Key Concepts And Principles Of Person Centred Counselling Pdf

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Person-centred therapy, also known as person-centred or client-centred counselling, is a humanistic approach that deals with the ways in which individuals perceive themselves consciously, rather than how a counsellor can interpret their unconscious thoughts or ideas. Created in the s by psychologist Carl Rogers, the person-centred approach ultimately sees human beings as having an innate tendency to develop towards their full potential. However, this ability can become blocked or distorted by certain life experiences, particularly those experiences which affect our sense of value.

By Saul McLeod , updated Humanistic therapies evolved in the USA during the s.

The Person-Centred Approach to Counselling

In the s, Rogers proposed a form of therapy that focused on the clients' experience of themselve s, as opposed to the counsellor being an expert and telling them what to do, or what was wrong with them. Given the right relationship with the therapist, clients can decide what they want to do with their lives. To this end, person-centred therapy is a personal growth model also known as non-directive therapy. The client is not taught the model of therapy or asked to undertake homework. This basically means trusting your own judgement and living your life in line with your own values, rather than with the values of others. Rogers produced a valuable body of work which includes theories such as:. He named this process ' the internal locus of evaluation '.

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A person-centred approach is where the person is placed at the centre of the service and treated as a person first. The focus is on the person and what they can do, not their condition or disability. A person-centred approach should support and enable a person to build and keep control over their life. Person-Centred vs System-Centred This short video highlights the difference between person-centred and system-centred services. What does person-centred care mean for mental health services?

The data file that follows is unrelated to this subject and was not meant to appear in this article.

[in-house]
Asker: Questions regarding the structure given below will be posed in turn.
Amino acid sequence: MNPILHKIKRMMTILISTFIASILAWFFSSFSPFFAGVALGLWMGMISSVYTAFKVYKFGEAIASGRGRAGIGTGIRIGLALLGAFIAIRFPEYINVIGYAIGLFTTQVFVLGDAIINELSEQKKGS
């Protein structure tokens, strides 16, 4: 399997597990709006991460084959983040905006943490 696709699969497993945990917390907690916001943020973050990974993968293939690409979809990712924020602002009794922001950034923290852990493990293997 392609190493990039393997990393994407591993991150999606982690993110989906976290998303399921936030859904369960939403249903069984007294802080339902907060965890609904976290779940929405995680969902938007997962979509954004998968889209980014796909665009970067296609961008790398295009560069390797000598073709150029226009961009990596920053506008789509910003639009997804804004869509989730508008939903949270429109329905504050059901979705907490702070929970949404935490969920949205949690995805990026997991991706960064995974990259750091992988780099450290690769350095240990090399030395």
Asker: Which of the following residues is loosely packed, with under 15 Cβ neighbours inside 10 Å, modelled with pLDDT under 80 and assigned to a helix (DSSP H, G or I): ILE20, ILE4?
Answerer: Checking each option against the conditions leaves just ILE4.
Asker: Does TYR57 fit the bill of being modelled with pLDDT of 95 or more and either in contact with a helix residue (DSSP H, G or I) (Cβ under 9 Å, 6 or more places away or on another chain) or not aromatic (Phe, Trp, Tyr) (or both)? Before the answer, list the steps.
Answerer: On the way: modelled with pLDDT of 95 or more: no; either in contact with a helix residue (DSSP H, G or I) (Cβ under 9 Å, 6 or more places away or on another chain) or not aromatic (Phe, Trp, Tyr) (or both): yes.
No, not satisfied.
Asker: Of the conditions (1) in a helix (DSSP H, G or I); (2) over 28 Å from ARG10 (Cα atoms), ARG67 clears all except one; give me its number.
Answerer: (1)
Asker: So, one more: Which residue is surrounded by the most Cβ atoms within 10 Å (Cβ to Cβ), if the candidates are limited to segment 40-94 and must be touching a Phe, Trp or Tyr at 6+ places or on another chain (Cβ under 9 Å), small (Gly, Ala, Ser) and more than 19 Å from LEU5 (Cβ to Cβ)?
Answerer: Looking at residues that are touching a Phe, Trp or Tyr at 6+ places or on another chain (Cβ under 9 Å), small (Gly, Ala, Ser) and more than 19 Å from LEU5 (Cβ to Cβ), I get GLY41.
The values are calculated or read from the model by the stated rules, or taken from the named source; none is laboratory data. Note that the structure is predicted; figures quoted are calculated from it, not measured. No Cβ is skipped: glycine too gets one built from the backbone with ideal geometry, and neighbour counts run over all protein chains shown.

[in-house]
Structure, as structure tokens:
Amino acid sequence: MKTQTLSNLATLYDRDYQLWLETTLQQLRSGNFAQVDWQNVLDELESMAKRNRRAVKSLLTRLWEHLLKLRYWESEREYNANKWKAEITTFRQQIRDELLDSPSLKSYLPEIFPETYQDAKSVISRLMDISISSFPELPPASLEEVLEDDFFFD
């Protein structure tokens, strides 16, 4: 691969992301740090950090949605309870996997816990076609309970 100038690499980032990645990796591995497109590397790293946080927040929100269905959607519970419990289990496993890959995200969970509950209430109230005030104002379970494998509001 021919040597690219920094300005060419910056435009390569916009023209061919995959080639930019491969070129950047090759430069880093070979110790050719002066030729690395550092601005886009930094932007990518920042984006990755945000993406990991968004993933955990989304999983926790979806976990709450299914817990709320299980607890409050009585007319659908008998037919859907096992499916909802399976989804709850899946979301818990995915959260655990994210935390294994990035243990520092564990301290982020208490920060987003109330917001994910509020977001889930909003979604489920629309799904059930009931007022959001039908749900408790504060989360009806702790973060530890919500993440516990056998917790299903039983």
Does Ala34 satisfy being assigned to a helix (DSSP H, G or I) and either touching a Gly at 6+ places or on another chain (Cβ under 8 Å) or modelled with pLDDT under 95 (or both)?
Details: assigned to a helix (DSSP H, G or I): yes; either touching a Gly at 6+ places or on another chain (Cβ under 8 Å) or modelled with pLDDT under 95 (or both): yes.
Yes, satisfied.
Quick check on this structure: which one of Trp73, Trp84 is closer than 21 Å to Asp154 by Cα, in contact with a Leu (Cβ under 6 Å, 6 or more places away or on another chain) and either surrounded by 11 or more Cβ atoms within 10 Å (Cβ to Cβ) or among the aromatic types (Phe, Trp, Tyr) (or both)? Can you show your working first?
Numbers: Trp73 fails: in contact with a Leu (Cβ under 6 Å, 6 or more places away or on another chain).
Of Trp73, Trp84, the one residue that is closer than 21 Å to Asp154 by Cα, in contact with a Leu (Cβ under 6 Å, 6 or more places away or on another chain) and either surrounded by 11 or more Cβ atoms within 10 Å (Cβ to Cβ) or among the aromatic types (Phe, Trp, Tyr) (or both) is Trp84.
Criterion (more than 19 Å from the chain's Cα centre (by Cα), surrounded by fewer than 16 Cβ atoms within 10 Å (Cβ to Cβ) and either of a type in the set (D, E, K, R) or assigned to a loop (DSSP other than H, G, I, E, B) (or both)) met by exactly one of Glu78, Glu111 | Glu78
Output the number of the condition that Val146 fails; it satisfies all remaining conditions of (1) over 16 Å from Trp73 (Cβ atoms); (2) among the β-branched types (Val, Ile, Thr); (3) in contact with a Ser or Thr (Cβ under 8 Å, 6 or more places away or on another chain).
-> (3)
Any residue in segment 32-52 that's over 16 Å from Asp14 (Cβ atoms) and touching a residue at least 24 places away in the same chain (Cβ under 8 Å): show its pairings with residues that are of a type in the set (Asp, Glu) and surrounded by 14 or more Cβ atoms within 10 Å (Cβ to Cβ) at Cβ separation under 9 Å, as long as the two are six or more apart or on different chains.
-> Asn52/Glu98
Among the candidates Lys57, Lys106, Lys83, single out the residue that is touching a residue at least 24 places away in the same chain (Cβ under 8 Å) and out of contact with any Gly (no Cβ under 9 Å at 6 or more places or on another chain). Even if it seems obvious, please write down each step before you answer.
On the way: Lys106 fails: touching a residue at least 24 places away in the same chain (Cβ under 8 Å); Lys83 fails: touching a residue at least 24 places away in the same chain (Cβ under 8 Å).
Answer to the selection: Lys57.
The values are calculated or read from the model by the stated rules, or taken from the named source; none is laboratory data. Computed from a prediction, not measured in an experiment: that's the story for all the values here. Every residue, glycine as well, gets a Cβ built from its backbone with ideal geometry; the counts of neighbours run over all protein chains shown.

Rogers and the Development of Person-Centred Therapy

In recent years, there has been a resurgence of interest in social work towards relationship-based practice. In this article, we discuss the conceptualisation of relationship-based practice from a person-centred point of view and its applicability to contemporary social work. It will be shown that the person-centred point of view has a meta-theoretical basis that makes it incompatible with modern statutory social work practice. First, we outline the theoretical and philosophical underpinnings of the person-centred approach and argue that a potential conflict lies at the heart of the contemporary social workers' capacity to truly accommodate person-centred theory. Next, the resurgence of interest in relationship-based practice, paying particular attention to the person-centred approach, is considered within the context and influence of risk management, managerialism and consumerism on social work. We then challenge the assumption that relationship-based social work founded on the person-centred approach legitimately supports service users' ability and capacity towards self-determination.

Person Centered Therapy

This is why person-centred care is so important. The health and social care sector is increasingly adopting a person-centred care approach, and rightly so. Not only does it help patients receive better quality care, but it also improves healthcare settings as a whole. As a carer, you should learn about the benefits of providing person-centred care and how to apply it in practice. Person-centred care is one of the 13 fundamental standards of care that the Care Quality Commission the independent regulator of health and social care in England requires healthcare providers to meet.

Rogers maintains that therapists must have three attributes to create a growth-promoting climate in which individuals can move forward and become capable of becoming their true self: 1 congruence genuineness or realness , 2 unconditional positive regard acceptance and caring , and 3 accurate empathic understanding an ability to deeply grasp the subjective world of another person. In being authentic, the therapist shows they are trustworthy, which helps in building a good therapeutic relationship with the client. It also serves as a model for clients, encouraging them to be their true selves, expressing their thoughts and feelings, without any sort of false front. Each client is accepted and valued for who they are, as they are, without stipulation.

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